Renaissance: A Beyonce Film

Directed By Beyonce, James B Merryman and Mark Ritchie

Starring – Beyonce

The Plot – Beyoncé in performance at her record-breaking RENAISSANCE World Tour and the creative mastermind behind it.

This film is currently not rated

RENAISSANCE: A FILM BY BEYONCÉ | Official Trailer – YouTube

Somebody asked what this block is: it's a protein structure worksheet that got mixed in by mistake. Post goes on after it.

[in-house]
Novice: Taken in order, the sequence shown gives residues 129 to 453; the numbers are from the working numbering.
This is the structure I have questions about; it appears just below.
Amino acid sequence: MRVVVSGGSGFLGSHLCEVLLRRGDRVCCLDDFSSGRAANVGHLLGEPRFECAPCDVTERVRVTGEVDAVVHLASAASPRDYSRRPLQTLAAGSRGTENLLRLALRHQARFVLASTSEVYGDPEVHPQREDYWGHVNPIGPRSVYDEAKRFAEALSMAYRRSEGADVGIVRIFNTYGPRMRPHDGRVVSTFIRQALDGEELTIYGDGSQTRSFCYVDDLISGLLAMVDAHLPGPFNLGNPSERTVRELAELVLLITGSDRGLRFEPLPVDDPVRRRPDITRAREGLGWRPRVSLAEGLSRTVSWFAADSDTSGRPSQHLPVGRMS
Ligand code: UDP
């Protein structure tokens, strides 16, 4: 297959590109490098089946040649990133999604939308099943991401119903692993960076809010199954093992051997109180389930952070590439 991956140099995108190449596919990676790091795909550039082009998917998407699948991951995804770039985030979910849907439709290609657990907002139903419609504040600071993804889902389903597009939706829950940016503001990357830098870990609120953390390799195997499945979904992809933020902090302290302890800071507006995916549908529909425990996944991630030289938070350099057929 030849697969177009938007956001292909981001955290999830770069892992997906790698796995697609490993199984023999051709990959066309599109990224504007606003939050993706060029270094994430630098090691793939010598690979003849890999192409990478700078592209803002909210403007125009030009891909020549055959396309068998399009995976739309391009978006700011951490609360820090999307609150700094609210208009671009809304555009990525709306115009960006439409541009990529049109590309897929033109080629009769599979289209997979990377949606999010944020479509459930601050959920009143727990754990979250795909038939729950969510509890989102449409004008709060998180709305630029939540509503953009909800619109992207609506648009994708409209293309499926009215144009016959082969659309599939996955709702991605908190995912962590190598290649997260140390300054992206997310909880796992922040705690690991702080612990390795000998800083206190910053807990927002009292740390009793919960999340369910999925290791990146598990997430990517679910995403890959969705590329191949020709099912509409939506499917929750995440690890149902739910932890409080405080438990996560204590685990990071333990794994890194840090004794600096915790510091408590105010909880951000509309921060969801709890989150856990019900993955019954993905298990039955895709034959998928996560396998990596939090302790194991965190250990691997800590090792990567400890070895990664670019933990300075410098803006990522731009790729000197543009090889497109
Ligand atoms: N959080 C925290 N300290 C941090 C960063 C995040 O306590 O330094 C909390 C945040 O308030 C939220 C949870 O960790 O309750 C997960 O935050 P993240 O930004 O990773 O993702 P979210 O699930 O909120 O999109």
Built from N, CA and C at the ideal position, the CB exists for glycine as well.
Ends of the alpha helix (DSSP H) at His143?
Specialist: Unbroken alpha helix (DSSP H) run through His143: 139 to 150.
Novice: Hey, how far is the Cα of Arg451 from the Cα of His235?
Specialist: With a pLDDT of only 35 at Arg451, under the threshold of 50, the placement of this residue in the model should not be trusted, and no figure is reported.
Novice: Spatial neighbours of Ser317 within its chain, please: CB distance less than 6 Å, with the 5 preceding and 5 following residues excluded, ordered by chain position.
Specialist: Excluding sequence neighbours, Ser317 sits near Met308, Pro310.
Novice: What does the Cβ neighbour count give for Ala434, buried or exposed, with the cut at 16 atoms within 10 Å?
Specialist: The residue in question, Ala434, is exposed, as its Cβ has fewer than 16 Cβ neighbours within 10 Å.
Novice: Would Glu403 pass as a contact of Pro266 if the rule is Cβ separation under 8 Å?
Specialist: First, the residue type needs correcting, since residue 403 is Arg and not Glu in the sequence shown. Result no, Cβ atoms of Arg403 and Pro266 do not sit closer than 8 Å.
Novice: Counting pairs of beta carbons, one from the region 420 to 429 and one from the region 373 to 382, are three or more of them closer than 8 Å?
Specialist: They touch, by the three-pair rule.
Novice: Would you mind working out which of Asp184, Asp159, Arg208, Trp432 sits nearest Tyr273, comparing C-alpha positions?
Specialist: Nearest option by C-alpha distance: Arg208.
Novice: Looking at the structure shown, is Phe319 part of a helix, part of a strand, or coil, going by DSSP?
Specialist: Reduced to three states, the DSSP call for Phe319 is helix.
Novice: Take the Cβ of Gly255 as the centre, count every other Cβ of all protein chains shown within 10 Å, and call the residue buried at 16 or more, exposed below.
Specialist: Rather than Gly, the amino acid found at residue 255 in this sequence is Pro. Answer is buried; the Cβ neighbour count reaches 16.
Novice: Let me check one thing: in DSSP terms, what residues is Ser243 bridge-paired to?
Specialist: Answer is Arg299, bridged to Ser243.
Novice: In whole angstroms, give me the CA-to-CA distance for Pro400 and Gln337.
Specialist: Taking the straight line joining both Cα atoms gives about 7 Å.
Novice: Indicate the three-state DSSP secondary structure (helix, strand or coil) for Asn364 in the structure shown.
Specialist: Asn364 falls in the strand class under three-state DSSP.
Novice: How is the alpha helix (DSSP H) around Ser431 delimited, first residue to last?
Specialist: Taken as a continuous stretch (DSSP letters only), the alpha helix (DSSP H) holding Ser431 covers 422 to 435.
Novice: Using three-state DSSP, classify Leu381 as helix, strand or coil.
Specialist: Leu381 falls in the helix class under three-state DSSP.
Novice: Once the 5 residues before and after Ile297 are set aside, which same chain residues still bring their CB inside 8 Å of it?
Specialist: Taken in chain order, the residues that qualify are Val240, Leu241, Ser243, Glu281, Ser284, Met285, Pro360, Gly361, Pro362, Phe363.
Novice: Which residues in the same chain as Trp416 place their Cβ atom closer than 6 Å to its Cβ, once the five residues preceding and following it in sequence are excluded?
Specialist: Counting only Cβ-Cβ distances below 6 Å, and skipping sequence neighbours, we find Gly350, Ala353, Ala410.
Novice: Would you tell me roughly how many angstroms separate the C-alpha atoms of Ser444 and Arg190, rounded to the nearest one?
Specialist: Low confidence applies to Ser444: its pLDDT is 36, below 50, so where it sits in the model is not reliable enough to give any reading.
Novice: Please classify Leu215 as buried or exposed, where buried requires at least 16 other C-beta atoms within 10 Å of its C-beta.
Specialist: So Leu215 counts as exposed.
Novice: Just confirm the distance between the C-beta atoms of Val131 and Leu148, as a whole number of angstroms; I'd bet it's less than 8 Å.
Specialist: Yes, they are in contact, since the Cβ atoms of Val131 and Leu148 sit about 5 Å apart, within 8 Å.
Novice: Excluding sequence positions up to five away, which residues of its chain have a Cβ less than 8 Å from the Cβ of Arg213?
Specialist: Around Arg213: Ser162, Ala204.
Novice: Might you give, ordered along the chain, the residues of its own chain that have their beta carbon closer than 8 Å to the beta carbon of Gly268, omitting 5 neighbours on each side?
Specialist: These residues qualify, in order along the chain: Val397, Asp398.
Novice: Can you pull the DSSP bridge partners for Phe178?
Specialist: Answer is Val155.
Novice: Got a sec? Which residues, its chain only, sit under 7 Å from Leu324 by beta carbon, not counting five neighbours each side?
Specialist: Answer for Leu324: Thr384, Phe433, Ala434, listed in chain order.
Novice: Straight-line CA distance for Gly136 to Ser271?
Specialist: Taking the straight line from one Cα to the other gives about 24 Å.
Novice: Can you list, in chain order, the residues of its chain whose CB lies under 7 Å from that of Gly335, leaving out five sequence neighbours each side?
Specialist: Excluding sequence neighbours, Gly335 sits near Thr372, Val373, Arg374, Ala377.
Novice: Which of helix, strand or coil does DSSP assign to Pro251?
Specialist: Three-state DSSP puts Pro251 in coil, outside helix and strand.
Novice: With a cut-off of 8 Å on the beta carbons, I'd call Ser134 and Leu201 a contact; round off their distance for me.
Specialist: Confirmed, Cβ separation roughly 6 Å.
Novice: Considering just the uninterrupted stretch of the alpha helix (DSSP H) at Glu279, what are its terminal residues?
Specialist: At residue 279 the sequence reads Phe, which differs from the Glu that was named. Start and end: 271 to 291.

For over a quarter of a century, Queen Bey has sat atop the throne of soul and R&B, respectively, with a versatile catalogue of cherished favorites that have made her one of the most recognizable voices in all of music, and that impact on her legion of Bee’s can be felt the loudest in “Renaissance”, where she not only performs 34 of her biggest tracks, but also writes, directs and produces its cinematic adaptation. This is an extravegant spectacle in every sense of the word, with a rhythmically pulse-setting stage show second to none, in terms of magnitude or execution, but also a candidly intimate portrait of the woman behind the artist off-stage, who reflects over a long and winding career with insightful commentary over the most important people of her life who drive her creativity. This is ultimately what sets “Renaissance” apart from “The Era’s Tour” or any other previous concert film, in that it takes ample time away from the concert to focus on the many grinding gears of the show, with appreciation paid to everyone from dancers to stage hands that cements a growing appreciation for so many factors that could easily miss their marks at any minute, but are instead executed with the kind of razor sharp precision that makes for such a groundbreaking experience. Groundbreaking in the presentation, which not only highlights many different aspect ratios and framing techniques between the stage and Beyonce’s limitless fandom, but also the magic of the movie’s magical editing, with an abundance of footage stretched across various dates on her world tour, shifts costumes and choreography in the blink of an eye towards disorienting audiences in the best ways possible. Speaking of those costumes, if the film somehow earned an Academy Award nomination for its elaborately breathtaking threads, I would wholeheartedly understand, as the imaginative essence for so many shapes and styles play vividly towards the atmospheric ambiances of each track they uniquely accommodate, with a three-piece bee suit during “America has a Problem” being my undying favorite. This track and a few others are enhanced by the cameo appearances of some of rap and soul’s biggest artists of all-time, with one particular surprise bringing Beyonce to tears, as we actually get to see Beyonce the fan for a single solitary glimpse, instead of the stage superstar that we’ve known and respected through so many transformations. As for Beyonce the performer, her revealing direction does a remarkable job of not only utilizing her vocal capabilities in the most evocatively powerful methods, but also in conjuring this appealing layer of vulnerability that makes her feel surprisingly relatable to the audience, despite this unshakeable attitude on-stage that puts the fierce in Sasha Fierce. Beyond just her interactions with the crowd that inspire each of them to scream towards deafening heights, it’s easily Beyonce’s fearless expressionism that sells acceptance to so many LGBTQ audiences, prescribing each of them an element of bravery to fly free and loudly proud as possible, making her as much a pioneer of equality as she is an icon of music. Last but certainly not least, the aformentioned 34-track setlist is a genre-colliding big picture in the restrospective of Beyonce’s career, offering something endearingly poetic for each side of the respective audience, while also illustrating the impeccable vocal range that even today feels unmatched by any hungry upstart artist who walks through the same doors that Beyonce kicked open. While I’m a little sad that my personal favorite, “Sweet Dreams”, didn’t make the cut, I can confidently say that there’s something here for everyone, and when combined with some unique remixes in instrumentals or Beyonce’s clever crossovers to other artist’s big hits, prescribes a newfound life and appreciation for them that pays off on the grandest stage, all with energetically impactful performances from our titular titan, who sounds even better live than she does on record.